Though there’s a law on the books in many states that requires that women be notified of their breast density, often their health care providers aren’t making recommendations about what they should do next.
Can Women find Confidence After Breast Cancer Surgery?
“Life-changing” and “traumatic” are words many patients use to describe their breast cancer diagnosis. Fortunately, through medical advances, women can often be cured of their cancers, joining a resilient and growing group of breast cancer survivors. They can also explore a variety of procedures to reconstruct their missing breasts, building confidence after a challenging time in their lives.
This is a guest post by Dr. Sean Wright, MD., F.A.C.S., a reconstructive plastic surgeon who trained at Harvard and is now practicing in the Philadelphia area. We’re featuring a variety of guest authors and perspectives on health issues and are delighted to share his piece with you. (more…)
I’ve been reading a lot about soybeans and their beneficial effects on health. What I found was surprising and reassuring. There’s many good reasons to incorporate more to soy into your family’s diet. Here’s 6 surprising secrets about soy and better health.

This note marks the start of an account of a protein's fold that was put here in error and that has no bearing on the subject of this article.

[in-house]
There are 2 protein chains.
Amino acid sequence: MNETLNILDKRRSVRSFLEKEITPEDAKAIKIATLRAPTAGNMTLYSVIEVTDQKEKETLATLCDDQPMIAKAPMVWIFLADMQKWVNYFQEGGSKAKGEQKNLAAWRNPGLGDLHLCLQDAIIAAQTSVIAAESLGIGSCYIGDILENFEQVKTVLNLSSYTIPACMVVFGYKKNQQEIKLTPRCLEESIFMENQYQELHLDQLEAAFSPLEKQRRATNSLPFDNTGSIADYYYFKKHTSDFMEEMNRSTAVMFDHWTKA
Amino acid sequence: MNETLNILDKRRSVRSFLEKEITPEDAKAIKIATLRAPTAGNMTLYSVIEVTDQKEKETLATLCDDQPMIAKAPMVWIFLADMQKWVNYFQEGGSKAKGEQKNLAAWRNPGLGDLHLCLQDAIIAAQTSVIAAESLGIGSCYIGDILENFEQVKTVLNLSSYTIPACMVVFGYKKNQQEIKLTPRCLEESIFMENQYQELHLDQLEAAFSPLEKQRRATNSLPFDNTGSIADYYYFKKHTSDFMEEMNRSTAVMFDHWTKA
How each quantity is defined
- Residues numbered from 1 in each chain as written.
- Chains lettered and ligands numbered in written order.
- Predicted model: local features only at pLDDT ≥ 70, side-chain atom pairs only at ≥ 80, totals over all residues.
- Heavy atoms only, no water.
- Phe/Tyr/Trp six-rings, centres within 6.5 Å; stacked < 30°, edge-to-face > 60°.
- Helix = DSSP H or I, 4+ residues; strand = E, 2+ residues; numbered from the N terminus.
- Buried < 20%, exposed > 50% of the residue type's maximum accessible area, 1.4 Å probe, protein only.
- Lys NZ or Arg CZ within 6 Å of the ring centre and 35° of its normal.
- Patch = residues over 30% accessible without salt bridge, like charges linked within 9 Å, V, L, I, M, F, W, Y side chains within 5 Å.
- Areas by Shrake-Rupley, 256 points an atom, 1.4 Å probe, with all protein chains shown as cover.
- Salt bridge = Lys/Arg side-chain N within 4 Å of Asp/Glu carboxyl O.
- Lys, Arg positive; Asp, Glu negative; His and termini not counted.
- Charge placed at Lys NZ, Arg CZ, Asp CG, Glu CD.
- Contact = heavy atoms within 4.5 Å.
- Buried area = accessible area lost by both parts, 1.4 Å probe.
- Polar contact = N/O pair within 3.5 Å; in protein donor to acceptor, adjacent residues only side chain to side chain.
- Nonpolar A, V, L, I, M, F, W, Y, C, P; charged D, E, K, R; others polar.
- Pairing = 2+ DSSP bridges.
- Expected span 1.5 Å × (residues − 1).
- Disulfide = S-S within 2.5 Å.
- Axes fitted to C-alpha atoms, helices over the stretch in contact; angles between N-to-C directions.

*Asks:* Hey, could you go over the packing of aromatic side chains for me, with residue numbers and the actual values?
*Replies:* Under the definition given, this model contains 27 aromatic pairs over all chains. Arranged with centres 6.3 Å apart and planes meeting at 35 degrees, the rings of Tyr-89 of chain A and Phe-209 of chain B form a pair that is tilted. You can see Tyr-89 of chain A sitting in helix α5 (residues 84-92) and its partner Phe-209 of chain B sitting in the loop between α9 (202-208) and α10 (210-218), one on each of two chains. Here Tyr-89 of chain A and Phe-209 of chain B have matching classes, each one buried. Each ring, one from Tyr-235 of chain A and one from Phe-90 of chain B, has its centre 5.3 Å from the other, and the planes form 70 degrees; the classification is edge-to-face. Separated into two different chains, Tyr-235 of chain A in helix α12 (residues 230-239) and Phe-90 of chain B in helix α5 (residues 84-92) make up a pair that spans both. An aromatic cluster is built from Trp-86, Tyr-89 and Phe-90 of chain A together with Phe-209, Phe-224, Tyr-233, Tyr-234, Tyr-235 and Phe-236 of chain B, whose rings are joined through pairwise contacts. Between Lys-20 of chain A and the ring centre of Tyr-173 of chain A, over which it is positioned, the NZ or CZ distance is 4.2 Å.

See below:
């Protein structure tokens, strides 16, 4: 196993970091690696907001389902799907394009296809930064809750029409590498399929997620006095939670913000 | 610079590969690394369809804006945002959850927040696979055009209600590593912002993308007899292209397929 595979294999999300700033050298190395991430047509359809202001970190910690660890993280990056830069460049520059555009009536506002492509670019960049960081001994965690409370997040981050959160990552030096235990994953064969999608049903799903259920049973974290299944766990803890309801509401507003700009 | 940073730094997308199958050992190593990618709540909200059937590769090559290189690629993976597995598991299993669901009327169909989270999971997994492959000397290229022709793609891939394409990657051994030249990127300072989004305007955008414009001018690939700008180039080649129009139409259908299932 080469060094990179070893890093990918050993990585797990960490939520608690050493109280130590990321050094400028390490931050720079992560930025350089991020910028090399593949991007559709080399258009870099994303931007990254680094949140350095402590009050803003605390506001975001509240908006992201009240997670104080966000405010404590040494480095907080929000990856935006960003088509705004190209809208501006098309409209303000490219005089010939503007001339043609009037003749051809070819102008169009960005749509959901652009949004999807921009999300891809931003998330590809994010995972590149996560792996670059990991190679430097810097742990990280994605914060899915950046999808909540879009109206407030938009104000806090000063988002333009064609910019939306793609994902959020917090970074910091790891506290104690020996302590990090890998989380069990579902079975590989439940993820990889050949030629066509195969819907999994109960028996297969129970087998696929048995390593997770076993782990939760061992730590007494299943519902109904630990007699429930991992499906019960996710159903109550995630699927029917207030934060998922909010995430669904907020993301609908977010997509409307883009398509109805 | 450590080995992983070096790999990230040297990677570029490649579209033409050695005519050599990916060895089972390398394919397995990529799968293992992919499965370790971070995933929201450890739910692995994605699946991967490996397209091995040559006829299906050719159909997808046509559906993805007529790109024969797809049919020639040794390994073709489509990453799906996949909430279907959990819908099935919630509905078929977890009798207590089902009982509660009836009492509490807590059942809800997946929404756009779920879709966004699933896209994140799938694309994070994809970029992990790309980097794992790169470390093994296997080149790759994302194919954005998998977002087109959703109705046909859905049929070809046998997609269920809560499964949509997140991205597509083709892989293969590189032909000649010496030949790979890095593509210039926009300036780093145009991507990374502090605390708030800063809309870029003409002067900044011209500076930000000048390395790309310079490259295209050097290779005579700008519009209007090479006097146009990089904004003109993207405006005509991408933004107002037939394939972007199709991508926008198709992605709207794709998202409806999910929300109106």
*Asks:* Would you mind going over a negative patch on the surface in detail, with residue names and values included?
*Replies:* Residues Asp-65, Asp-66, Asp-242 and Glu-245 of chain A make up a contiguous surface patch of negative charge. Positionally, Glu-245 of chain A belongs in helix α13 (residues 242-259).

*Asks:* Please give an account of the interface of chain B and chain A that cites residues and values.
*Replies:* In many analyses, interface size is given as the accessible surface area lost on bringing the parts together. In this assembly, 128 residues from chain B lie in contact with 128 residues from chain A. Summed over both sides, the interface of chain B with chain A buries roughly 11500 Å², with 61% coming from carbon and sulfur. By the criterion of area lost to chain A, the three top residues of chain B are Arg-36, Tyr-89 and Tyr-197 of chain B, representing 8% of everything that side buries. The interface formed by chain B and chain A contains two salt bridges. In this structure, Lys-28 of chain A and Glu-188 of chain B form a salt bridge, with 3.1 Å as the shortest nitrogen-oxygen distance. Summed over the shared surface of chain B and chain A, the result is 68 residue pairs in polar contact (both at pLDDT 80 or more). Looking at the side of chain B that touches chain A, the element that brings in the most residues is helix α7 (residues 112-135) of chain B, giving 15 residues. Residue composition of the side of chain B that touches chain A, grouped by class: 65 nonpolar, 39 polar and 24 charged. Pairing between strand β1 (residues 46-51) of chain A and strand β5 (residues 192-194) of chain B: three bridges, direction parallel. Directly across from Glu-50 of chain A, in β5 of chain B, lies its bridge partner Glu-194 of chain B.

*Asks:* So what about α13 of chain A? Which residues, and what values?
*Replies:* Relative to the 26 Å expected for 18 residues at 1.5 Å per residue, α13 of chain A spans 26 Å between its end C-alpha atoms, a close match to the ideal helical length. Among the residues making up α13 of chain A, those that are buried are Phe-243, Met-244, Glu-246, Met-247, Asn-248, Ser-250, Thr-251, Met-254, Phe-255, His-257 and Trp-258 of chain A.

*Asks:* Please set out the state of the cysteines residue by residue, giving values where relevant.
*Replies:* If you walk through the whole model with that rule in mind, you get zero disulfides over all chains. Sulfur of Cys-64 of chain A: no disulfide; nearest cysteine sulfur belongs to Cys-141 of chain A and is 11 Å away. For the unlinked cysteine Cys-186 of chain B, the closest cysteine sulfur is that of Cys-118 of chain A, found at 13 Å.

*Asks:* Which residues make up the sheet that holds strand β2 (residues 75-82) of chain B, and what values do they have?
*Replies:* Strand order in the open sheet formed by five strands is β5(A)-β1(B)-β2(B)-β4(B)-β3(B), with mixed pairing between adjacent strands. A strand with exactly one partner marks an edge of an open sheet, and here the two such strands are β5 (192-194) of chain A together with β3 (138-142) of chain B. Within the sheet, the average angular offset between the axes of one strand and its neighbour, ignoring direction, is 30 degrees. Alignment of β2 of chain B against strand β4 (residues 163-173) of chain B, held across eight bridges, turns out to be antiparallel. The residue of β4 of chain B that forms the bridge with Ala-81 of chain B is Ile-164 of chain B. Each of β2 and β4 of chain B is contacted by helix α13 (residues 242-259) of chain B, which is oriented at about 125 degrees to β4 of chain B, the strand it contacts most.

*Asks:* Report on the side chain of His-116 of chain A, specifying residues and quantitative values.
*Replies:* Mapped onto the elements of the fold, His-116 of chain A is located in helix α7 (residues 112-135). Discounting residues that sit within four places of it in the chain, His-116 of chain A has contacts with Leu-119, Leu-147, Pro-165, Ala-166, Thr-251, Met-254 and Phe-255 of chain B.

#1 Soybean Oil is a Great Source of Omega – 3
Many people find it difficult to get the recommended amounts of heart healthy Omega -3 fatty acids from eating 2 servings of fatty fish each week. You might be surprised to learn that soybean oil is a great source of Omega- 3 and Vitamin E. Most vegetable oil you buy is 100% Soybean oil.
#2 Soybeans Lower Cholesterol
Multiple studies have shown that soy (more…)
I was talking to 2 friends the other day, who both had double mastectomies for advanced breast cancer. Kim and (not their real names) had complete reconstruction and neither one had been able to save their nipples.
They were both talking about how difficult it is to have one nipple that’s horizontal and points straight ahead like a headlight, and the other that’s off in it’s own direction, like a wandering and wayward child.
From the National Non-Profit Project Pink Comes a Story of Love, Liberation and Laughter:
The Breast Cancer Diaries
For ten years, Ann Murray Paige covered the news, but for the biggest story of her life she turned the camera on herself. When Ann, a former local news reporter and anchor is diagnosed with breast cancer at age 38, she sets up a diary camera in her bedroom.
Women, like Angelina Jolie and me, who have a family history of breast cancer worry more about breast cancer according to a new study. One of the best things that I did was to get tested for the BRCA 1 & 2 genes, which helped me have more information and less fear.
Having information and then talking about it with my surgeon, breast specialist and gynecologist helped me feel more empowered. (more…)
At a recent conference, researchers presented findings that will provide hope to many women who’ve been treated for breast cancer. Now, with lumpectomies and other surgeries that conserve more breast tissue, women are able to nurse their babies.
As you would expect, the researchers found that milk production was lower in the affected breast, but that even with surgery and radiation, there were women who were still able to produce some milk if the ducts were intact.